On constitutional grounds, Japan contributed money rather than troops to the 1990-91 Gulf War, only to find itself criticized for “checkbook diplomacy.” Therefore, when the U.S. began fighting the Taliban in Afghanistan in the wake of 9/11, Japan dipped a toe in the water by sending Maritime Self-Defense Force (MSDF) ships to support the U.S. Navy with refueling operations in the Indian Ocean – an active role, but deliberately far from combat.
The Indian Ocean program lasted eight years. It ended after the long-ruling Liberal Democratic Party lost power in a 2009 election and a new government under the generally more dovish Democratic Party of Japan declined to renew the legislation that authorized it.
The new government also threw into disarray a previously agreed plan to relocate the U.S. Marine Corps’ Futenma Air Station within Okinawa Prefecture, a cluster of small southern islands crowded with U.S. bases. The benefits of the U.S. military presence accrue to Japan as a whole, but the burdens fall mostly on Okinawa. Yukio Hatoyama, the first DPJ prime minister, wanted the air station relocated out of the prefecture altogether.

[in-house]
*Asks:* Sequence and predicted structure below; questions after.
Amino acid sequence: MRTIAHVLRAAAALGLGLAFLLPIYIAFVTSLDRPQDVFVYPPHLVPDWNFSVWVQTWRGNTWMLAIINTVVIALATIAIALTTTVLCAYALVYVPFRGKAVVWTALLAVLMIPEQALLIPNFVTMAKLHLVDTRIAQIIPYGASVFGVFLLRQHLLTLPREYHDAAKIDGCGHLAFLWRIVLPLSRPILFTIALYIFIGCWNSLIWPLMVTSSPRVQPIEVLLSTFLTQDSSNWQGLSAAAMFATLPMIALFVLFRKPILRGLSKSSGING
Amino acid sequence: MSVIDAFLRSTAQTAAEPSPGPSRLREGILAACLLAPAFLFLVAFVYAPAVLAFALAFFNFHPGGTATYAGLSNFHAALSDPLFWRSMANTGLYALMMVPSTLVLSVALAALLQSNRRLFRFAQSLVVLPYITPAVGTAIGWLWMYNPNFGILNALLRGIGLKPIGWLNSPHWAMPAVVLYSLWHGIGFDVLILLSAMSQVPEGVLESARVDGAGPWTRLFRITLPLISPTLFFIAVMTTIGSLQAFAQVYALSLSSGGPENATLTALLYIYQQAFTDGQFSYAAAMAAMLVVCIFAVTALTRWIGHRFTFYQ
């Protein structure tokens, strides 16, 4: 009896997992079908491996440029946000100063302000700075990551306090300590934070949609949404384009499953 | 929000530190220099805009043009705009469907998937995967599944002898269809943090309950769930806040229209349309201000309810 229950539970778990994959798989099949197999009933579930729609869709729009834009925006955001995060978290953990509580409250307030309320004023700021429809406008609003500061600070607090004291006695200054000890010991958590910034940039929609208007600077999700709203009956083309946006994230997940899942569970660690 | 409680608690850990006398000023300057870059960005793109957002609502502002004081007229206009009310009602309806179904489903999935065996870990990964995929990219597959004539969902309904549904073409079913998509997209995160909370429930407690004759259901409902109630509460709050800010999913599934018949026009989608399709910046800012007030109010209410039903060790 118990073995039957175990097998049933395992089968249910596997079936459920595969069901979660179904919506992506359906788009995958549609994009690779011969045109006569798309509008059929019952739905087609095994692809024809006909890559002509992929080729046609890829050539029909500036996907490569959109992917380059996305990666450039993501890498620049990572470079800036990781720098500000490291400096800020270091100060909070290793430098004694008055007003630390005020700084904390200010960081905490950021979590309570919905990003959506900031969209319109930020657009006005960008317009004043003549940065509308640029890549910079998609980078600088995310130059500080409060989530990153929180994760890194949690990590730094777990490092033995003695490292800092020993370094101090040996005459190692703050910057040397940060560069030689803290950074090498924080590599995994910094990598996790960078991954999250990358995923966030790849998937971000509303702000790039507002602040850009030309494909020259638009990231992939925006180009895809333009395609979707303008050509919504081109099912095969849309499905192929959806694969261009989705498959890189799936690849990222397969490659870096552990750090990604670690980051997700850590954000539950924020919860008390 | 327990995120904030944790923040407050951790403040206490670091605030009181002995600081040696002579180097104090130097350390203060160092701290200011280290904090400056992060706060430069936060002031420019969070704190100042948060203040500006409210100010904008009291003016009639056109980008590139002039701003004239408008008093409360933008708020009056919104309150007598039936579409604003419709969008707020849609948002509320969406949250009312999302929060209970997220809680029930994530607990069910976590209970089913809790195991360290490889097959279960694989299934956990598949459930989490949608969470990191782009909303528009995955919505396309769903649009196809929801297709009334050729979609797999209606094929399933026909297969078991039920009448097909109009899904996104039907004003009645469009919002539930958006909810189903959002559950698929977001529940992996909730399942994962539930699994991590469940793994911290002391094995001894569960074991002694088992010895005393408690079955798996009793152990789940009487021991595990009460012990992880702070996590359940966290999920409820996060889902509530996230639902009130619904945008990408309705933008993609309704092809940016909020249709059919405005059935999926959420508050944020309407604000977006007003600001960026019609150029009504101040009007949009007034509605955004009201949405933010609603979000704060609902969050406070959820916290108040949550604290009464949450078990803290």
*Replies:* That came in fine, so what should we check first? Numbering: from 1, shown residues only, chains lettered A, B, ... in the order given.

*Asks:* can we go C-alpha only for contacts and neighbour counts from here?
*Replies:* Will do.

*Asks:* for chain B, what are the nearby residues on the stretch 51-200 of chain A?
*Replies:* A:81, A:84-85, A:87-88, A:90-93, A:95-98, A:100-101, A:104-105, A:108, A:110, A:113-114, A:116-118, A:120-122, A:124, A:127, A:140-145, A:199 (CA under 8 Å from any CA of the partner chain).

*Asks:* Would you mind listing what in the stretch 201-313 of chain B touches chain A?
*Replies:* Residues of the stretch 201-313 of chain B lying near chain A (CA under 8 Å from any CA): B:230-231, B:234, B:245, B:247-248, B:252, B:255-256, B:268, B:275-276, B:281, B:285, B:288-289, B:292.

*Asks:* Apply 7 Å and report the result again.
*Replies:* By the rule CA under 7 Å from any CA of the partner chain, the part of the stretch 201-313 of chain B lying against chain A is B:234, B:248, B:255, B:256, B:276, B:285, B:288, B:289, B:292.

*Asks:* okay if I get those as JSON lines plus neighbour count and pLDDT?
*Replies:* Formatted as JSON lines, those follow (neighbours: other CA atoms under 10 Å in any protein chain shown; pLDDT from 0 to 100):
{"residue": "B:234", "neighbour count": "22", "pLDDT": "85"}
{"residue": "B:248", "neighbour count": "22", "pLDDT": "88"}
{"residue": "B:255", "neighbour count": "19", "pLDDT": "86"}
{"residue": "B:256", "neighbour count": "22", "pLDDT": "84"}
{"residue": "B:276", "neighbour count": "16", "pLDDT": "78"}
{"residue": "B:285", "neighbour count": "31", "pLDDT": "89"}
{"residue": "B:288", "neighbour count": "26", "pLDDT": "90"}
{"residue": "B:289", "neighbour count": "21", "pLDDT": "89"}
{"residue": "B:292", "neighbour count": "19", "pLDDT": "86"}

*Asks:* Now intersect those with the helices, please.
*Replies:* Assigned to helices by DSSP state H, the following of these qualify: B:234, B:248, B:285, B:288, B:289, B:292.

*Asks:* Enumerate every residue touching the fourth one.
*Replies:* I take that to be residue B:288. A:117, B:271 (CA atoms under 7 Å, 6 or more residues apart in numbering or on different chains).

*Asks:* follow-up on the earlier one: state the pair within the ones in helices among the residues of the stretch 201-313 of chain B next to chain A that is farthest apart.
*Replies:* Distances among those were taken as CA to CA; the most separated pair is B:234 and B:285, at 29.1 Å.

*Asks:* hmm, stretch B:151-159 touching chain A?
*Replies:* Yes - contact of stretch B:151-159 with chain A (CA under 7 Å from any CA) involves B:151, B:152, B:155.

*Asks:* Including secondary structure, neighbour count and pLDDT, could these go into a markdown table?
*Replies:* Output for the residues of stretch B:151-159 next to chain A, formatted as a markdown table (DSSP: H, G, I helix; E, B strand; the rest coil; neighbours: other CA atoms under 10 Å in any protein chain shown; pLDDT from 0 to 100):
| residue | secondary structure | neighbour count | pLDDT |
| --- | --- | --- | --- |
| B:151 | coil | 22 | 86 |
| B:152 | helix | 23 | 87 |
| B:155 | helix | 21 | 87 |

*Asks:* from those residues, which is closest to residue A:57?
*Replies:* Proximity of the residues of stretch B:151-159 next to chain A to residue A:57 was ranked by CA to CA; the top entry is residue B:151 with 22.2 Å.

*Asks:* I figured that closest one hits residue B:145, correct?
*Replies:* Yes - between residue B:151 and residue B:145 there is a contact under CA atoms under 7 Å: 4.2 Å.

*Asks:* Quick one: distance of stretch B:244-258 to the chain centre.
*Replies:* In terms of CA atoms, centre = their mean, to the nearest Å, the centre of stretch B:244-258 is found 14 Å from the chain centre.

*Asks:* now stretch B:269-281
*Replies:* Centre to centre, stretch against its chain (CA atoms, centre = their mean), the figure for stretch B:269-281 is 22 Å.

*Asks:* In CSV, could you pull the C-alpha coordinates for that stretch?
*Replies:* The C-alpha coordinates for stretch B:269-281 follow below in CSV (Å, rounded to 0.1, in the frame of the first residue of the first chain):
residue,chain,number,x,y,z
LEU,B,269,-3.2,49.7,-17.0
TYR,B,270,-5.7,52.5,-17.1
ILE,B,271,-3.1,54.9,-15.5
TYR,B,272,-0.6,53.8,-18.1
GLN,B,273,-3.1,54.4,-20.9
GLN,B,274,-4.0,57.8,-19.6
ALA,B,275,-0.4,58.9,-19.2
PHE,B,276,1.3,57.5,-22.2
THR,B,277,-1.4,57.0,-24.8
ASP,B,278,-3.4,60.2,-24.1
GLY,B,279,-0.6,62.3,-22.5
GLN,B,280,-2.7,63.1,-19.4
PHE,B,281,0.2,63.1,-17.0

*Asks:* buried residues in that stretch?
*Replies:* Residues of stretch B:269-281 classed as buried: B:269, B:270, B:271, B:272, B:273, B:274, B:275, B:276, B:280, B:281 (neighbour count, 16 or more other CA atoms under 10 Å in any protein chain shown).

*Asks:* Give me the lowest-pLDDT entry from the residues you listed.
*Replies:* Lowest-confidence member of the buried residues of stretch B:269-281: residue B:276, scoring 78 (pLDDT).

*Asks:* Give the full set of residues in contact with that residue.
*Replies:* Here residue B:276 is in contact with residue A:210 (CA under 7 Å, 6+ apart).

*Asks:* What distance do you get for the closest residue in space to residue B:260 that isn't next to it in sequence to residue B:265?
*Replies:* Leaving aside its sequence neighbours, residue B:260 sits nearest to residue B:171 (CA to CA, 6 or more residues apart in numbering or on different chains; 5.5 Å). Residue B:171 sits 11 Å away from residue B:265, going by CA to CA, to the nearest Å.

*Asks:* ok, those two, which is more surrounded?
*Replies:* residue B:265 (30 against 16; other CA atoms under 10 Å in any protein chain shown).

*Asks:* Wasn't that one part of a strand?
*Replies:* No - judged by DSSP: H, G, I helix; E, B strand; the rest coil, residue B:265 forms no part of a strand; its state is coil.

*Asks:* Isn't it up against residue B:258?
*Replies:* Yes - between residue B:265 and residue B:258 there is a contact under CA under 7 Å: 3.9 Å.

Even as the Futenma issue strained U.S.-Japanese relations, China—whose military has also grown along with its economy—began aggressively asserting claims to Asian waters where other countries have long-standing interests. Recent provocations include 2010 and 2011 incidents in which Chinese Navy helicopters buzzed MSDF ships while Chinese warships passed between remote Japanese islands. A Chinese fishing vessel in disputed waters even rammed two Japan Coast Guard ships in 2010. The fishing captain was arrested but quickly freed in a political move that did little to placate China, which temporarily cut off vital exports of rare earth minerals to Japan in apparent retaliation.